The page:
Sectioning

The most versatile and economical sectioning method is abrasive cutting. A thin, rapidly rotating, consumable abrasive wheel produces high-quality, low-distortion cuts in times ranging from seconds to several minutes, depending on the material and the cross-sectional area. This technique is almost universally applicable. Important parameters in abrasive cutting are wheel composition, coolant condition, and technique. Abrasive wheels consist of abrasive grains (alumina, silicon carbide, boron nitride, diamond) bonded together with either resin or rubber or a rubber-resin combination, or metal. The abrasive grains become rapidly worn out during cutting of hard materials and must be continuously replaced by newly exposed grains. When cutting hard materials, a cutting wheel with a soft binder (soft cutting wheel) is chosen to promote a fast removal of used grains and the continuous exposure of new abrasive grains, thus always maintaining a sharp cutting edge. On the other hand, a cutting wheel with a hard binder (hard cutting wheel), is recommended for soft materials, since a fast exchange of abrasive particles is not necessary. Although soft cutting wheels are more rapidly consumed than hard cutting wheels, they are more suitable for harder materials, since their cutting action is considerably faster because of the renewed exposure of fresh abrasive grains. Other criteria for the selection of suitable abrasive wheels are the grain size and the concentration of the abrasive particles, as well as the thickness of the wheel. The concentration depends on the special cutting task and on the material to be sectioned, the binder, and the abrasive grain size. The abrasive concentration determines the removal rate and the durability of the abrasive wheel. A wheel with a high concentration and coarse abrasive particles is generally recommended for small areas of contact, while a cutting wheel with low concentration is typically used for large areas of contact. Depending on the type of material to be sectioned, cutting wheels of different compositions should be used, and their selection is dictated by hardness and ductility of the material to be cut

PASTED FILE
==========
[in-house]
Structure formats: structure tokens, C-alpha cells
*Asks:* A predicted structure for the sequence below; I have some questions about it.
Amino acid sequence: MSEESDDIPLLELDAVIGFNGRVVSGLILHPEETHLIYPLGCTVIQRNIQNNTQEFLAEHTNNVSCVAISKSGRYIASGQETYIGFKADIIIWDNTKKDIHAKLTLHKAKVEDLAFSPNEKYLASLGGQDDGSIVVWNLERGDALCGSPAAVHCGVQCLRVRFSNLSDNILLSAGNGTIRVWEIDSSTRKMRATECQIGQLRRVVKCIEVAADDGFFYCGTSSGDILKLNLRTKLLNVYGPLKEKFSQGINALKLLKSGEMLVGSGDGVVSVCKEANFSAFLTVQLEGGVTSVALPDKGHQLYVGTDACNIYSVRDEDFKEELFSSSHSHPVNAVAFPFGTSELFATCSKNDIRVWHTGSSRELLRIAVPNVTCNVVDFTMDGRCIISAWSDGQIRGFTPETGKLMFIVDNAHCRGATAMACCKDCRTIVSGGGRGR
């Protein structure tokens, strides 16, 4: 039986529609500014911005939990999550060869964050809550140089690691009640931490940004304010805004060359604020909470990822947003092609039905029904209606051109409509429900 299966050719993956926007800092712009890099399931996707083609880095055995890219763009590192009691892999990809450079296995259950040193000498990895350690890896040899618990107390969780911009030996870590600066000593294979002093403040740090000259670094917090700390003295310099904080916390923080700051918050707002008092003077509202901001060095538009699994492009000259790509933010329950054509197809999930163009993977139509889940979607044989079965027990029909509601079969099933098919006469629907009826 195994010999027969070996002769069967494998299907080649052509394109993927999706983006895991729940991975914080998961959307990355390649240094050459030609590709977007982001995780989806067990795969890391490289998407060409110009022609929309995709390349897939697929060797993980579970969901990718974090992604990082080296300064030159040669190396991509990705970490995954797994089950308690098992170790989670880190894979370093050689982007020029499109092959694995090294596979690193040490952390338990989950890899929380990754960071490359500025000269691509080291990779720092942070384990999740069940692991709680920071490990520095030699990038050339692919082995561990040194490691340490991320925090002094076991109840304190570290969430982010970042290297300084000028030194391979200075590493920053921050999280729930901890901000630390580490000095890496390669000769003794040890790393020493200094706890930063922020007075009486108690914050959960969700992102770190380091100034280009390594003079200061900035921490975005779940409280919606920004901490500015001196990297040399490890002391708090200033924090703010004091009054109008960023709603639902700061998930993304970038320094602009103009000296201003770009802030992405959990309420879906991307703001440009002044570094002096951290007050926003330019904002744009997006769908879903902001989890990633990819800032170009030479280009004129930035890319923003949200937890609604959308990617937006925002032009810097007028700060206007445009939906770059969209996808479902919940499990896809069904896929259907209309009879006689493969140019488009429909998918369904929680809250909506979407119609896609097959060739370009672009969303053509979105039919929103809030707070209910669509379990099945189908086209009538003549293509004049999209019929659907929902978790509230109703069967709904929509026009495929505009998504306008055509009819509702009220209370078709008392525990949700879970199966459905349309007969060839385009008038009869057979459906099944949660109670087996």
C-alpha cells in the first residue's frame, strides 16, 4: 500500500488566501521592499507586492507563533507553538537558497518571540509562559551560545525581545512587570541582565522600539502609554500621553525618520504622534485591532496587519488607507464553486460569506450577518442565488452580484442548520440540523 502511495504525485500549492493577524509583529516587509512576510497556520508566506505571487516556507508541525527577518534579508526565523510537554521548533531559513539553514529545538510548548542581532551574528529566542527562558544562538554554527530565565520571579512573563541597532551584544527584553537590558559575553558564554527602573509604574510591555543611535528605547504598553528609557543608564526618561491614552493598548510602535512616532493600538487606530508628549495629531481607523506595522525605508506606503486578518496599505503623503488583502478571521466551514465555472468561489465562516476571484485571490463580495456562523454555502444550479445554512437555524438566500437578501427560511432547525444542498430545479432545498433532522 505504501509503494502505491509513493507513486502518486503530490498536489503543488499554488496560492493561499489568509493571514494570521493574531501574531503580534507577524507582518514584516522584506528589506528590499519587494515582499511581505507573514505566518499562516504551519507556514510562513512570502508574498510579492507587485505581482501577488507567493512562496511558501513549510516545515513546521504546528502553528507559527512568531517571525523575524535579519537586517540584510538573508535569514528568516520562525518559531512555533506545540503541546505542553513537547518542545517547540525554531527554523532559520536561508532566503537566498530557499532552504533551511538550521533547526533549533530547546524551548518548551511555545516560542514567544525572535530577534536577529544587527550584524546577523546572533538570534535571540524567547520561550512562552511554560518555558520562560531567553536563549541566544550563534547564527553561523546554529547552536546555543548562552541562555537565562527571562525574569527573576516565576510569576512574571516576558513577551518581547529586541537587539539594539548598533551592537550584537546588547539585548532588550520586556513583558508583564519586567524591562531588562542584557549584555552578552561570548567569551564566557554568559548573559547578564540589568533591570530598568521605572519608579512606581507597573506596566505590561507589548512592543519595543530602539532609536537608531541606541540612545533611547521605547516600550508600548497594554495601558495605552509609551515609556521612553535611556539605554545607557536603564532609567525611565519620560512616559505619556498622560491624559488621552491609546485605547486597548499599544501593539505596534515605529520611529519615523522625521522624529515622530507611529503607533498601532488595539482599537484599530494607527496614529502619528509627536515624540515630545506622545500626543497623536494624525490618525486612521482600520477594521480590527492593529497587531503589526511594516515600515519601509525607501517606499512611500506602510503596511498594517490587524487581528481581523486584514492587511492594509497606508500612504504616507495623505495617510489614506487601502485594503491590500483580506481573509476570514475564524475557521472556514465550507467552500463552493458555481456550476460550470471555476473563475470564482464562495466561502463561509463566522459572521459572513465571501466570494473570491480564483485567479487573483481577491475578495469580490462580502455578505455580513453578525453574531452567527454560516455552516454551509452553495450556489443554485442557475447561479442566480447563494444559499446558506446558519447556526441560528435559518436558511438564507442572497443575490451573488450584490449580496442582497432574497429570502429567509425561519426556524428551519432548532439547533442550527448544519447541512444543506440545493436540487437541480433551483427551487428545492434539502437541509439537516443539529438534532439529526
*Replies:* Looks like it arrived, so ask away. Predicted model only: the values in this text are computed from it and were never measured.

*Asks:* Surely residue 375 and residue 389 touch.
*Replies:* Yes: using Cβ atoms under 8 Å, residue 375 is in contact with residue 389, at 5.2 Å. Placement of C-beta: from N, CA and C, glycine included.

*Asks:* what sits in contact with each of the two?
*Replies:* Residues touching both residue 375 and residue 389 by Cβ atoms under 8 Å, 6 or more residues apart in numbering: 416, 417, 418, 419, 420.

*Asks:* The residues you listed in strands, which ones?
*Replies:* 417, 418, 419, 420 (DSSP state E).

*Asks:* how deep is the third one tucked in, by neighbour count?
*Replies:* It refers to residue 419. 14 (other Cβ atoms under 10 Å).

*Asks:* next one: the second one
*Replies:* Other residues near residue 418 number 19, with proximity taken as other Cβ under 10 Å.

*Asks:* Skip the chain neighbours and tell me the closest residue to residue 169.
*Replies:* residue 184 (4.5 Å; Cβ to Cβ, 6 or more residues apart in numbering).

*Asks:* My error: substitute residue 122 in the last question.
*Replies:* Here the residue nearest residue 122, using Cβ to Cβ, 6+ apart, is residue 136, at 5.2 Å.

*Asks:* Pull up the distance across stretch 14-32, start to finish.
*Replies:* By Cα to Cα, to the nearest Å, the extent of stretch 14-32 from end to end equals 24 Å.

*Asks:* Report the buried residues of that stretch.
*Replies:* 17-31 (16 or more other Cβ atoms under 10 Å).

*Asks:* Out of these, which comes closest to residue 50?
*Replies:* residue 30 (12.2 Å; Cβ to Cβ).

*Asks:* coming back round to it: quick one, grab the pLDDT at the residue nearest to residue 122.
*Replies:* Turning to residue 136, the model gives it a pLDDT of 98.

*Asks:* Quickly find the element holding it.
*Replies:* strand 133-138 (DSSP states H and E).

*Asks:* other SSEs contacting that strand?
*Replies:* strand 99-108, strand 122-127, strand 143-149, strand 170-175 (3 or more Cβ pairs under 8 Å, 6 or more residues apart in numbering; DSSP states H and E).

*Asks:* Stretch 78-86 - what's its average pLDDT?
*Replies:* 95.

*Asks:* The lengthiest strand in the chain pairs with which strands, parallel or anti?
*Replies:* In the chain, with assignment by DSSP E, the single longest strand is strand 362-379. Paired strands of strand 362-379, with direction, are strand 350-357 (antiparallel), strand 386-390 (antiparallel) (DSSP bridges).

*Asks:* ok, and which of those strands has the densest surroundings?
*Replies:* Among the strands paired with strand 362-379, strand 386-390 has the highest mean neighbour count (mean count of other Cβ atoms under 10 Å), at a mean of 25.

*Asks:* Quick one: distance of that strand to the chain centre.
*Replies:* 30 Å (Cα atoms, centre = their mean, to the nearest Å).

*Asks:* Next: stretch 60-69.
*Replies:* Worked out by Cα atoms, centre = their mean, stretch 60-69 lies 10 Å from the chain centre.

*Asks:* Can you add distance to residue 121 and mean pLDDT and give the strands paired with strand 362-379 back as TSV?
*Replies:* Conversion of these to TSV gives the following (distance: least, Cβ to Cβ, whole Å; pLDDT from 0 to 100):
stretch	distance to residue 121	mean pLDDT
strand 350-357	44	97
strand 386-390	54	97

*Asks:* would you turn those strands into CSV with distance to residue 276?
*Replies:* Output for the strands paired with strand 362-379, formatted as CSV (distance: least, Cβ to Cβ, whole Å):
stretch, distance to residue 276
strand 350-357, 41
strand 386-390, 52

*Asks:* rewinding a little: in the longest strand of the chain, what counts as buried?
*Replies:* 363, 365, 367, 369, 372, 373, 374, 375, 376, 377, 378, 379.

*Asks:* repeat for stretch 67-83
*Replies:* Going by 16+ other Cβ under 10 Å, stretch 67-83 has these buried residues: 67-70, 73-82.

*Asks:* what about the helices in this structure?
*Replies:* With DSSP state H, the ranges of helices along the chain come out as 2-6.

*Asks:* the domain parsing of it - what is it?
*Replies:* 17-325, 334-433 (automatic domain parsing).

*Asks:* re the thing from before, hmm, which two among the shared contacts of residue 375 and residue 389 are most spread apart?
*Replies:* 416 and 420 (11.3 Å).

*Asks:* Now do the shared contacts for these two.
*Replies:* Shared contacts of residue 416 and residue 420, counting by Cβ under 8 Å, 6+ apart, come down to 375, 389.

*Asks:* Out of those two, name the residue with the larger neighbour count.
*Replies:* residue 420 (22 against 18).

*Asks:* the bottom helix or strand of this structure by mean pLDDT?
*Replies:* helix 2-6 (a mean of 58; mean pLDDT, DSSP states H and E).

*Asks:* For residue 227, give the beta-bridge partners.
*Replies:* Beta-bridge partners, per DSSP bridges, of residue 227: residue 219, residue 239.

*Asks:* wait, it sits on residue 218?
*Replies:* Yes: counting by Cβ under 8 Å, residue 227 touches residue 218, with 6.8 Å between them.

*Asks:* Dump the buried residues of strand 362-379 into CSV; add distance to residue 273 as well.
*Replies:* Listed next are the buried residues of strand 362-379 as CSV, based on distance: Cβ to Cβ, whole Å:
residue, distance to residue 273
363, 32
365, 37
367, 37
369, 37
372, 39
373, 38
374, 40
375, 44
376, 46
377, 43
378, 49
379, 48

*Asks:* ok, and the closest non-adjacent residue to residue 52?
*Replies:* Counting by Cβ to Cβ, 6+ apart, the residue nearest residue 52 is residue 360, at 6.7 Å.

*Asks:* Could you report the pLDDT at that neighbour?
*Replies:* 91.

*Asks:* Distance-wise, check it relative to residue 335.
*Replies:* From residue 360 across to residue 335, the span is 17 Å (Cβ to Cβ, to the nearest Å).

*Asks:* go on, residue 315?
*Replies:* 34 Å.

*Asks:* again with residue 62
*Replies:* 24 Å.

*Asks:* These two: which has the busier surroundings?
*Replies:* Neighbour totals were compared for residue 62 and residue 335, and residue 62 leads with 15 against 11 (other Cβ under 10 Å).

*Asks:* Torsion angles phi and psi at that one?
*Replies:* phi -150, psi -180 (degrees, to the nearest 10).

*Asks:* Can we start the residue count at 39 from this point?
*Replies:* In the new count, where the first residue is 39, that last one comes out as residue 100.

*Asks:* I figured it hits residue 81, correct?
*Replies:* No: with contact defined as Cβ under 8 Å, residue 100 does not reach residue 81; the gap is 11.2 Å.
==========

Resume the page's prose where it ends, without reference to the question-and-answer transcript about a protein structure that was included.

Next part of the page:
Table A.1  Application of cutting wheels 

Materials Cutting wheel: abrasive/binder
Steel, ferrous materials, hardened steels Al2O3 (corundum)/bakelite
High-alloy steels Cubic boron nitride (CBN)/bakelite
Nonferrous metals, hard metals Silicon carbide (SiC)/bakelite
Hard and tough materials, cermets, ceramics Diamond/bakelite
Hard and brittle materials, ceramics, minerals Diamond/metal
   

lists some common materials and their appropriate cutting-wheel/binder combinations. Cutting wheel machines are available with high or low speed, with or without a feeding device, and even with precisely guided sample holders. The machines must always be equipped with a cooling system to prevent excessive heat that might affect the microstructure of the specimen; the coolant is ordinarily water, to which a corrosion inhibiting agent can be added.  

Our extensive metallographic sectioning consumables consisit of PRO CUT Premium Cut Off Wheels, Abrasive Cut Off Wheels, Precision Cut Off Wheels, Diamond Wafering Blades, Metal Bond - High Concentration, Metal Bond - Low Concentration, Resin Bonded, CBN Wafering Blades, Soluble Oil, Cutting Fluid, Dressing Sticks